“I don’t think they have any responsibility to conform to what is perceived as everyday fashion. I would want them to be themselves and push who they are and what they like.” She sings their praises highly, in fact.
“I think that many are challenging ageism, showing the public that people of all ages can express themselves with style and individualism is an important function, and I salute them for their efforts.”
How do these women make it look so easy? It takes a lot of self-confidence to step out of your comfort zone of your comfy jeans, favourite sleeve top or wearing any other colour than the safe choice of black is unthinkable. This begs the question as to whether it is down to the fashion industry not supporting older women through styling and trends like they do within their pages of runway looks and fashion rules aimed at a younger audience.
“I feel like fashion is truly geared toward younger women.” Lisa agrees. “I wish the industry would be more inclusive and include women of all ages in their art. To ignore age groups that everyone will eventually join is naïve and ignorant. Everybody has a desire to express beauty, style and personality in their fashion. Fashion has a place in everyone’s life – there just shouldn’t be an expiration date on a person’s style.”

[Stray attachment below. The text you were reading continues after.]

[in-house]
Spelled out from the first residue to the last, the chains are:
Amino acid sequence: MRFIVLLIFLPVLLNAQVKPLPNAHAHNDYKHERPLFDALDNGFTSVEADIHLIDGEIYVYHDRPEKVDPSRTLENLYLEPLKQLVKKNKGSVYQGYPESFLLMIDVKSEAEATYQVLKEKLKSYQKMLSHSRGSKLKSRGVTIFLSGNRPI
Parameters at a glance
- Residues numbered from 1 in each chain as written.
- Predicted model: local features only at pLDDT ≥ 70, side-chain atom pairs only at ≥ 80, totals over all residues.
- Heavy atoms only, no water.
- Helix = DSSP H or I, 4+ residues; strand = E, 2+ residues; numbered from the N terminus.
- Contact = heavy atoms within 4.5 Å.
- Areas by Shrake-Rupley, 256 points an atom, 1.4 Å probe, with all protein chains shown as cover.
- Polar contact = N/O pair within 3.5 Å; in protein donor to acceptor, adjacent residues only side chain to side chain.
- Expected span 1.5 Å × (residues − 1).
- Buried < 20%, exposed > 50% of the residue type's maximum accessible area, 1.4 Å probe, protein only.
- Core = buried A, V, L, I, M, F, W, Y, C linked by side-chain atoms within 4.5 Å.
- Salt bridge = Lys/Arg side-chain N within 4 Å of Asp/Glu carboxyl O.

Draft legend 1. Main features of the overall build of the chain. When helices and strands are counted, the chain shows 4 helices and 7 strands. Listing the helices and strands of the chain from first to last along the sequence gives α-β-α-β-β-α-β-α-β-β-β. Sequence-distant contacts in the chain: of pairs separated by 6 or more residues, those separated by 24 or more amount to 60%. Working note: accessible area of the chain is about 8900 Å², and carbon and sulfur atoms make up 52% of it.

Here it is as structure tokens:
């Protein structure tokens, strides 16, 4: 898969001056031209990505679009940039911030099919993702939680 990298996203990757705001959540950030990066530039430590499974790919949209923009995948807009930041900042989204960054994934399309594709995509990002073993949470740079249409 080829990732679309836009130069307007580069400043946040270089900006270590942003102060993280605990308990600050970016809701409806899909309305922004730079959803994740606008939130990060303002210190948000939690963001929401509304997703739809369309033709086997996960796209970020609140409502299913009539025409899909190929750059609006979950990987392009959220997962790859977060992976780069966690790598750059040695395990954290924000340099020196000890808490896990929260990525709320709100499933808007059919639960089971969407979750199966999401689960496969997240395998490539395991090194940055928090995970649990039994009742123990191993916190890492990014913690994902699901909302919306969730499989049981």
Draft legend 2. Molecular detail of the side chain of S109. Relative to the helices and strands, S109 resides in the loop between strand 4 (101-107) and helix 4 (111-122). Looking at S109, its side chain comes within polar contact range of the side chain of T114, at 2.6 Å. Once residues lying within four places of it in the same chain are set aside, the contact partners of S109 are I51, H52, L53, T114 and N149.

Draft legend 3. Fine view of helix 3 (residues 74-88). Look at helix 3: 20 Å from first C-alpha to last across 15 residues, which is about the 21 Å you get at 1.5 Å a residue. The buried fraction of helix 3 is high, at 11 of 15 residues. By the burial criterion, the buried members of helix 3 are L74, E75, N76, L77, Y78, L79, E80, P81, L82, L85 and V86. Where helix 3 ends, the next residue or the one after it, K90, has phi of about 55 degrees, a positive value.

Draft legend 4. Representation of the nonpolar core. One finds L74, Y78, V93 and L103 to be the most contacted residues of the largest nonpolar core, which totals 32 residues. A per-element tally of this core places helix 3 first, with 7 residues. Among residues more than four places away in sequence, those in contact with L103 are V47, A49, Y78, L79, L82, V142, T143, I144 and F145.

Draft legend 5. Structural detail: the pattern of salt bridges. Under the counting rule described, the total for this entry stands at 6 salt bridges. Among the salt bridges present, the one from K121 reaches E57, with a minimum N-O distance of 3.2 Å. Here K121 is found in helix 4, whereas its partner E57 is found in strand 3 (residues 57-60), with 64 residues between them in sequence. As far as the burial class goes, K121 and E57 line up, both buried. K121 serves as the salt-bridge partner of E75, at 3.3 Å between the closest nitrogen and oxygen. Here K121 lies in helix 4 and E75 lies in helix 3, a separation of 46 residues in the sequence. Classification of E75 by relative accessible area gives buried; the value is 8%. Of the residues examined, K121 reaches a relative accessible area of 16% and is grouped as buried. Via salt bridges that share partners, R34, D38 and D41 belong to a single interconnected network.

The industry could always do more to support all groups in society with fashion, not just older women. However, that’s not to say that the industry hasn’t come a long way over recent years with breaking down age stereotypes in fashion.
Just last year, the luxury department store Harvey Nichols marked the 100th year anniversary of British Vogue, by running an advert that showed the older generation can be fearlessly stylish too. They broke down conventions of the youth-obsessed fashion industry by featuring a 100-year-old model Bo Gilbert, who was born in 1916, which then featured in the June edition of British Vogue. It was the first time that the magazine had featured an older model and it sure highlighted the issue of ageism in the fashion industry and challenged preconceptions within that.